Many users choose to grind their coffee themselves, despite the wide variety of ground coffees and blends sold today in supermarkets and speciality shops. What’s the point? Why waste time and money on a process that you can already buy done?
Well, it’s very simple: the purity and freshness of freshly ground coffee are unbeatable, no matter how perfect the packaging system they sell us. Coffee, once ground, releases various gases and therefore cannot be packaged immediately. This obligatory waiting time is what causes packaged ground coffee always to lose properties and nuances concerning the original freshly ground coffee.
You will never appreciate the same nuances and aromas in your coffee as when you have just ground it. Be clear about this. So, to situate ourselves, let’s never forget this maxim: the process of grinding is fundamental and critical in the final quality of the coffee we are going to prepare.
When choosing the most suitable coffee grinder for your home, you should be clear about several things. On the one hand, what types of grinders there are and, on the other hand, what type of grinder you need to get to prepare the coffees in your house. It is not an easy task, especially if we are going to buy our first grinder, so we have thought of preparing this buying guide to help you choose the most suitable grinder for your needs.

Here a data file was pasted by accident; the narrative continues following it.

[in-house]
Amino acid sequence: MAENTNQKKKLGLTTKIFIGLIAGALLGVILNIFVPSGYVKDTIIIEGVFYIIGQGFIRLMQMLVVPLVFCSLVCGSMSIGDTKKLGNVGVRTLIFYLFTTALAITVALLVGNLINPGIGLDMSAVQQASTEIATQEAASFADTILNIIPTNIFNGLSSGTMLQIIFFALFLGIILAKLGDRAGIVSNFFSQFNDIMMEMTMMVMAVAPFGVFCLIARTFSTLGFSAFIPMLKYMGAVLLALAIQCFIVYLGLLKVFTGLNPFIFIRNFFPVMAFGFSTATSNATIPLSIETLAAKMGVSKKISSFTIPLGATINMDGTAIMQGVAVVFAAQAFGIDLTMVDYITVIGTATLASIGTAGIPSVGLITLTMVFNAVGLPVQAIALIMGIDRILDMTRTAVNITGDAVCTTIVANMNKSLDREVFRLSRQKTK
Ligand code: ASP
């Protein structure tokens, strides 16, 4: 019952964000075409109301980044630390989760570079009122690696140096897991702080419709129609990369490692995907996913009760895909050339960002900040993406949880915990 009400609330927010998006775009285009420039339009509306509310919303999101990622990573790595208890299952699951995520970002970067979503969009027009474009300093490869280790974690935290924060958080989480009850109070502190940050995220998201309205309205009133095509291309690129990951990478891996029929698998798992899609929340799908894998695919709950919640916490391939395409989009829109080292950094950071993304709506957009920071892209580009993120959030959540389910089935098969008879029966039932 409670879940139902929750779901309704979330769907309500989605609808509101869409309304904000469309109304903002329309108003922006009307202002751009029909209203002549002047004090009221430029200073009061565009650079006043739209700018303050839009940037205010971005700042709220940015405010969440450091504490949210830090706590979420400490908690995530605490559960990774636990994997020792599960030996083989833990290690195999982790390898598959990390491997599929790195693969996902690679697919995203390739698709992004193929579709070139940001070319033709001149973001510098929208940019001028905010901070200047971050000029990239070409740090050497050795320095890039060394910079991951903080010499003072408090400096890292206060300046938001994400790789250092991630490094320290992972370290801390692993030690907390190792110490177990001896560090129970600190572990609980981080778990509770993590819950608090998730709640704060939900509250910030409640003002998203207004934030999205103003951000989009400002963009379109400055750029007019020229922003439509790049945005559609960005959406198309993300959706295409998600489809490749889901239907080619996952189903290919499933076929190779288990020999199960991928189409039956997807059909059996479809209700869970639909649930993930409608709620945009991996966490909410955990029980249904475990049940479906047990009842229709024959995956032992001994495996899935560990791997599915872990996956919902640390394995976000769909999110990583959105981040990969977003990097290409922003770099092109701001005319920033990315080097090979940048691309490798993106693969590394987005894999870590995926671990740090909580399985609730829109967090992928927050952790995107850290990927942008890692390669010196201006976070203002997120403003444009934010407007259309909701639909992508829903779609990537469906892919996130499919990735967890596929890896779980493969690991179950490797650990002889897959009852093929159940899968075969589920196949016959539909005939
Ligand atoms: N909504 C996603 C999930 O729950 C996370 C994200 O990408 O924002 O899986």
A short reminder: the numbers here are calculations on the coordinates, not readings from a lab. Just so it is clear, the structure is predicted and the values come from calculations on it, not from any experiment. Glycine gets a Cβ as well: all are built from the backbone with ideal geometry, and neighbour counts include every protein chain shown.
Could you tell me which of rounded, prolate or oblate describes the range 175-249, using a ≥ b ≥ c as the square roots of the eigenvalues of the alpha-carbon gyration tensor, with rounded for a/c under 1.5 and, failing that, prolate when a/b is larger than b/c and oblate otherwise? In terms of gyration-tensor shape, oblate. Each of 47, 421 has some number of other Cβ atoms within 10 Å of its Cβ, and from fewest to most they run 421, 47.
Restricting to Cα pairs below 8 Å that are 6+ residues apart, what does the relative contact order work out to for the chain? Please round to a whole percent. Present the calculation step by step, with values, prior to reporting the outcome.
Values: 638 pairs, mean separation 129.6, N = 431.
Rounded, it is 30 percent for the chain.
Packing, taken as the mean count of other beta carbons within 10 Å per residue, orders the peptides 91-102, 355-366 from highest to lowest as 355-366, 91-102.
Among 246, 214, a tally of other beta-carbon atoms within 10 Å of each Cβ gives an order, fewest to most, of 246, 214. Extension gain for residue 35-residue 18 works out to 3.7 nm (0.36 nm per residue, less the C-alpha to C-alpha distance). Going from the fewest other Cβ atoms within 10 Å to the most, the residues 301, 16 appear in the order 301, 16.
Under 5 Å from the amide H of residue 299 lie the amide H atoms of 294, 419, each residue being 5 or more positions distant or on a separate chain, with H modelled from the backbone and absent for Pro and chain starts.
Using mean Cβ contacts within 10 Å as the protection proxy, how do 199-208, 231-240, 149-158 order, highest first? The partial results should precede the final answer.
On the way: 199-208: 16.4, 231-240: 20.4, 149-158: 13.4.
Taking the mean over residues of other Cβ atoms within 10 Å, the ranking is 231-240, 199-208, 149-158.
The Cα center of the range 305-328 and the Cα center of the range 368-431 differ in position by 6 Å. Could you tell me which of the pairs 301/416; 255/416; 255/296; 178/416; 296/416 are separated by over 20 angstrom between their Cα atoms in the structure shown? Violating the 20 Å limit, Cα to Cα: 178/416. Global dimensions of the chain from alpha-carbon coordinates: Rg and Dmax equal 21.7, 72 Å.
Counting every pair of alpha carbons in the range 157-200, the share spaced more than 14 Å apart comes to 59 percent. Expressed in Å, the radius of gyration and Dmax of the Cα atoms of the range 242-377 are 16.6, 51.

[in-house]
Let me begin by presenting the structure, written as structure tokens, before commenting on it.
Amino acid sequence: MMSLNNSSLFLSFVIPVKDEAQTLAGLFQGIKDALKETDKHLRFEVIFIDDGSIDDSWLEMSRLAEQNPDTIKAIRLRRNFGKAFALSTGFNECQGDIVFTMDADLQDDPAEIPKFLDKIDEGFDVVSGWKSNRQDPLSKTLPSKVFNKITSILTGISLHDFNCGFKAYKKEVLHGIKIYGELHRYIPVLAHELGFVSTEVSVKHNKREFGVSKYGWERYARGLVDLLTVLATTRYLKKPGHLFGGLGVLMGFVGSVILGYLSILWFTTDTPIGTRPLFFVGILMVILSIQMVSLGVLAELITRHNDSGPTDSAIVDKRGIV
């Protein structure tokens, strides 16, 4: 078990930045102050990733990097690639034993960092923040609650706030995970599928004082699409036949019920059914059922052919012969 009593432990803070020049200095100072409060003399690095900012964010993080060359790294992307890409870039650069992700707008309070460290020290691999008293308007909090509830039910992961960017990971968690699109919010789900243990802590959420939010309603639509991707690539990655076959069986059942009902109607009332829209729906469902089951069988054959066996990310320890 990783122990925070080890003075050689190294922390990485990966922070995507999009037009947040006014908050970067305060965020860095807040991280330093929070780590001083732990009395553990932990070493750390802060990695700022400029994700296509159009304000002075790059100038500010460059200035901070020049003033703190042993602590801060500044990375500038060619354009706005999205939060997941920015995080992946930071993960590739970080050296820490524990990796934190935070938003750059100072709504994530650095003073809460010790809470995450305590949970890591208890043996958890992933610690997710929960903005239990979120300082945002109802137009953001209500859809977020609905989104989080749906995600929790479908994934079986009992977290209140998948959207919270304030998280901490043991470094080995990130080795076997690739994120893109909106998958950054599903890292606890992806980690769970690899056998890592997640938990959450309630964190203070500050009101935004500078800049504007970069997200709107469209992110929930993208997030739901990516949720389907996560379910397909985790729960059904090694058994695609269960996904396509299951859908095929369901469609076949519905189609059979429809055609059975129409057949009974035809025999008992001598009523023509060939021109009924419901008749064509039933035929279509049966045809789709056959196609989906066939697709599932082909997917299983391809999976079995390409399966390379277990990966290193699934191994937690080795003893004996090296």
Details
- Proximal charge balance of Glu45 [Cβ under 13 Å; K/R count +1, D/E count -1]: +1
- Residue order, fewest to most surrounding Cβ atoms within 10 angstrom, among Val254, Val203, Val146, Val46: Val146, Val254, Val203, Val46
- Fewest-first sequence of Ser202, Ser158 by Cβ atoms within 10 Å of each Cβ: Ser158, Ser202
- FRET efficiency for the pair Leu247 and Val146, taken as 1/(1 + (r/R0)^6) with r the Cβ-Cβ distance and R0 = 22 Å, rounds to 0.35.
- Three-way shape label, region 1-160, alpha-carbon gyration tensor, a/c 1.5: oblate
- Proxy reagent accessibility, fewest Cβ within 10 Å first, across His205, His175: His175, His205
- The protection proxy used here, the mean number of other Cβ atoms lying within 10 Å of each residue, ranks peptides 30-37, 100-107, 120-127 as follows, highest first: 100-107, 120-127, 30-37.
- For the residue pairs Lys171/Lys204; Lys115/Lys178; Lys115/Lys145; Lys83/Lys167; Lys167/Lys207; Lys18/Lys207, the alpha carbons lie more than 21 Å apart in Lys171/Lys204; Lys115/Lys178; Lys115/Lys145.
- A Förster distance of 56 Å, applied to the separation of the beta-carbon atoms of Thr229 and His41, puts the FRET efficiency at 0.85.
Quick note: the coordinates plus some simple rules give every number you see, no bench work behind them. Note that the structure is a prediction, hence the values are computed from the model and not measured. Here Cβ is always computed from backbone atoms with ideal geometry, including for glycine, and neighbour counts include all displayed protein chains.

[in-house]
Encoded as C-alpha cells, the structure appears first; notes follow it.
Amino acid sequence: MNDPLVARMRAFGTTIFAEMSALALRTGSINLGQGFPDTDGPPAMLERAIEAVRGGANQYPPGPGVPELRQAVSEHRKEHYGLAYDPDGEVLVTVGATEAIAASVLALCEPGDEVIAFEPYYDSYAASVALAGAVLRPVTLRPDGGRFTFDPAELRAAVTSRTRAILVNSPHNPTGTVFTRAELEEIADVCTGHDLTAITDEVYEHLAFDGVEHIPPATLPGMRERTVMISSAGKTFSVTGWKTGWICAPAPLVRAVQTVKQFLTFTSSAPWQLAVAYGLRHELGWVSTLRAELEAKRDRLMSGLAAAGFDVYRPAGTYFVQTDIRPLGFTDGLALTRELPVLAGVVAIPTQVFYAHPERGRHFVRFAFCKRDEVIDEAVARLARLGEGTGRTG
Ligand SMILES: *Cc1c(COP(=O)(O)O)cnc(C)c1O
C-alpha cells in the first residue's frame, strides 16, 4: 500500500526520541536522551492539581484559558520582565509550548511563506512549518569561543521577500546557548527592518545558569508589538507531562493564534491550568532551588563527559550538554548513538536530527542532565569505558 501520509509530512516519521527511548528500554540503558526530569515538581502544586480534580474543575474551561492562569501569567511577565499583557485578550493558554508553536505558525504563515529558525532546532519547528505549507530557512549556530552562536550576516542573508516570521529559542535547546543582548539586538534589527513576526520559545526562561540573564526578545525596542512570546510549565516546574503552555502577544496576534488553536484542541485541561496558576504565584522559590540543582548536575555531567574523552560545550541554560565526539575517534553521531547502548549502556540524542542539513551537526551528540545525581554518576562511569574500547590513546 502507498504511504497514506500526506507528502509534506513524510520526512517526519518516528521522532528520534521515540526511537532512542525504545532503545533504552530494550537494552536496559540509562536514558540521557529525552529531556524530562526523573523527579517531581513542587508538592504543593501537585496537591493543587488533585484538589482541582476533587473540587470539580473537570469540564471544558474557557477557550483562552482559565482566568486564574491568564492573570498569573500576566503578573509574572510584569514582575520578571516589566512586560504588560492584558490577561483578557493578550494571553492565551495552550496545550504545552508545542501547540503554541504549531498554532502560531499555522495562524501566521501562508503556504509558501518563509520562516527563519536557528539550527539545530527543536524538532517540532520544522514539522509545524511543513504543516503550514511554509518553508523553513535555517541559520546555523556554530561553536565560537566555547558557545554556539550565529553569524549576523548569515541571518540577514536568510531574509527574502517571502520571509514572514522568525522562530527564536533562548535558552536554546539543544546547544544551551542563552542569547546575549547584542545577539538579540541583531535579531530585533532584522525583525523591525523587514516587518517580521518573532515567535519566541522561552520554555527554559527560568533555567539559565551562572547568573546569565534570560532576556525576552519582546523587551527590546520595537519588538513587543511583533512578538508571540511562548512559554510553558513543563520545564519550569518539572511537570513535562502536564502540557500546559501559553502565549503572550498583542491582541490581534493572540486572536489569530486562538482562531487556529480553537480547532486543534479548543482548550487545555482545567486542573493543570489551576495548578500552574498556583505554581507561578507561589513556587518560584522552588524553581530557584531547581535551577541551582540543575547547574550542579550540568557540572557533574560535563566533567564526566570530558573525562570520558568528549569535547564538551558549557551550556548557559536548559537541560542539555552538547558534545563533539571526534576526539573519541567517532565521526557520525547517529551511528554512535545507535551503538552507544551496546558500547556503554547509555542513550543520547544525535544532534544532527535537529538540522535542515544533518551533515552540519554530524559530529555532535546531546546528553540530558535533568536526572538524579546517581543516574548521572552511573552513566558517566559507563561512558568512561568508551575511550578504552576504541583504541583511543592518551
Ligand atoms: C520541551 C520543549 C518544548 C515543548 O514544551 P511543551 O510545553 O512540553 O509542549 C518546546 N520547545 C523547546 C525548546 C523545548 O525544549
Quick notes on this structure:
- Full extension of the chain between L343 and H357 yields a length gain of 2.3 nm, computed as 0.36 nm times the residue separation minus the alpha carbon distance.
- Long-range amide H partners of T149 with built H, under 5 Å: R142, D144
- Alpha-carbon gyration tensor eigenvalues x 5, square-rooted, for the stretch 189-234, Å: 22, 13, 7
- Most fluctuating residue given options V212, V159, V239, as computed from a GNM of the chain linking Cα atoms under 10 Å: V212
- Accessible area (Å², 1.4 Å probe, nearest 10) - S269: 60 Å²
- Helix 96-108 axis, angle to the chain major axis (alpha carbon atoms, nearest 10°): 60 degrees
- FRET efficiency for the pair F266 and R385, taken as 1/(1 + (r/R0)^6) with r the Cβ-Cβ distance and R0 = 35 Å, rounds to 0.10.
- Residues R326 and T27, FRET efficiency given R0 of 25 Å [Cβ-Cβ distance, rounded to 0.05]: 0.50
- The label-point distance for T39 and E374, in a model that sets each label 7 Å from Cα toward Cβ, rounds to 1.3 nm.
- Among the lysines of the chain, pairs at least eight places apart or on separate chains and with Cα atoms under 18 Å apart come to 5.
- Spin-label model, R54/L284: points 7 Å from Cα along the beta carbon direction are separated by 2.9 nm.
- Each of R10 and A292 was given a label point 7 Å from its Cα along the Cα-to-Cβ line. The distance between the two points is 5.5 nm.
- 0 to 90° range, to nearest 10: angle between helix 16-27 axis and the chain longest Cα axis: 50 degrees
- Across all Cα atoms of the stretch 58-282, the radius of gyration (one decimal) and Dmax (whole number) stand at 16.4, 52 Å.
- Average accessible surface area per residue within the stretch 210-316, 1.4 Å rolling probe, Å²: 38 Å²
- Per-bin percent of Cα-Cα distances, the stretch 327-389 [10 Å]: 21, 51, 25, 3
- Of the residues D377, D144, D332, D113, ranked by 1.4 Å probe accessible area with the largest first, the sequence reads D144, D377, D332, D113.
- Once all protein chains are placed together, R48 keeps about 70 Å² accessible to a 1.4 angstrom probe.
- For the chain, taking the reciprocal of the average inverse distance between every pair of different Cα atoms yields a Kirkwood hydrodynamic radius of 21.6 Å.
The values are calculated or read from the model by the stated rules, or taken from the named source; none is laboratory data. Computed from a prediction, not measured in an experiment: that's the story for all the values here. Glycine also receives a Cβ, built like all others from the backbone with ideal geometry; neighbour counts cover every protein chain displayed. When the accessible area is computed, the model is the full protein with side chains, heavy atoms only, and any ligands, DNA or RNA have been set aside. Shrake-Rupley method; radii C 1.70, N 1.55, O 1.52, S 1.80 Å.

What types of coffee grinders are there?
If you want to know more about the different types of coffee grinders, we explain them all in more detail in our guide about coffee grinders. Here we will only make a summary. We can roughly determine three types of grinders:
- Blade grinders: these are cheaper and faster than grinders, but in general, they are not the most recommended for grinding coffee. The blades destroy the grains (they don’t grind them), they don’t allow to define with procession the thickness of the grinding, and besides, we have to operate them carefully because the blades can be reheated quickly, and end up affecting the flavour of the coffee. It’s worth spending a little more and buying a grinder unless we don’t have any demands on the quality of the grinding.
- Electric grinders: The grinders (which can be of two types, flat or conical) press and grind the coffee beans evenly. Besides, they allow you to select the exact thickness of the grinding, either finer or fatter, which is fundamental since, as we will see, each type of coffee requires a different grinding thickness. The electric grinders start the grinders through a switch, which we will stop when we feel like it. They are more precise, and they reheat much less than those with blades. They are also more expensive, of course, although if you look hard enough, you can do with an excellent electric grinder for little money or a second-hand grinder. The market for second-hand coffee grinders is very active, as they are products of extraordinary durability.
- Hand grinders: The grinders work the same as electric grinders, but instead of having a motor, we have to operate them manually by turning a crank. They are more handmade but also slower than electric grinders.
A grinding wheel system, if we look at it from above, looks more or less like this:
What you see in the picture is the lower millstone. The upper grinding wheel has been removed for cleaning (and so we can see something in the picture).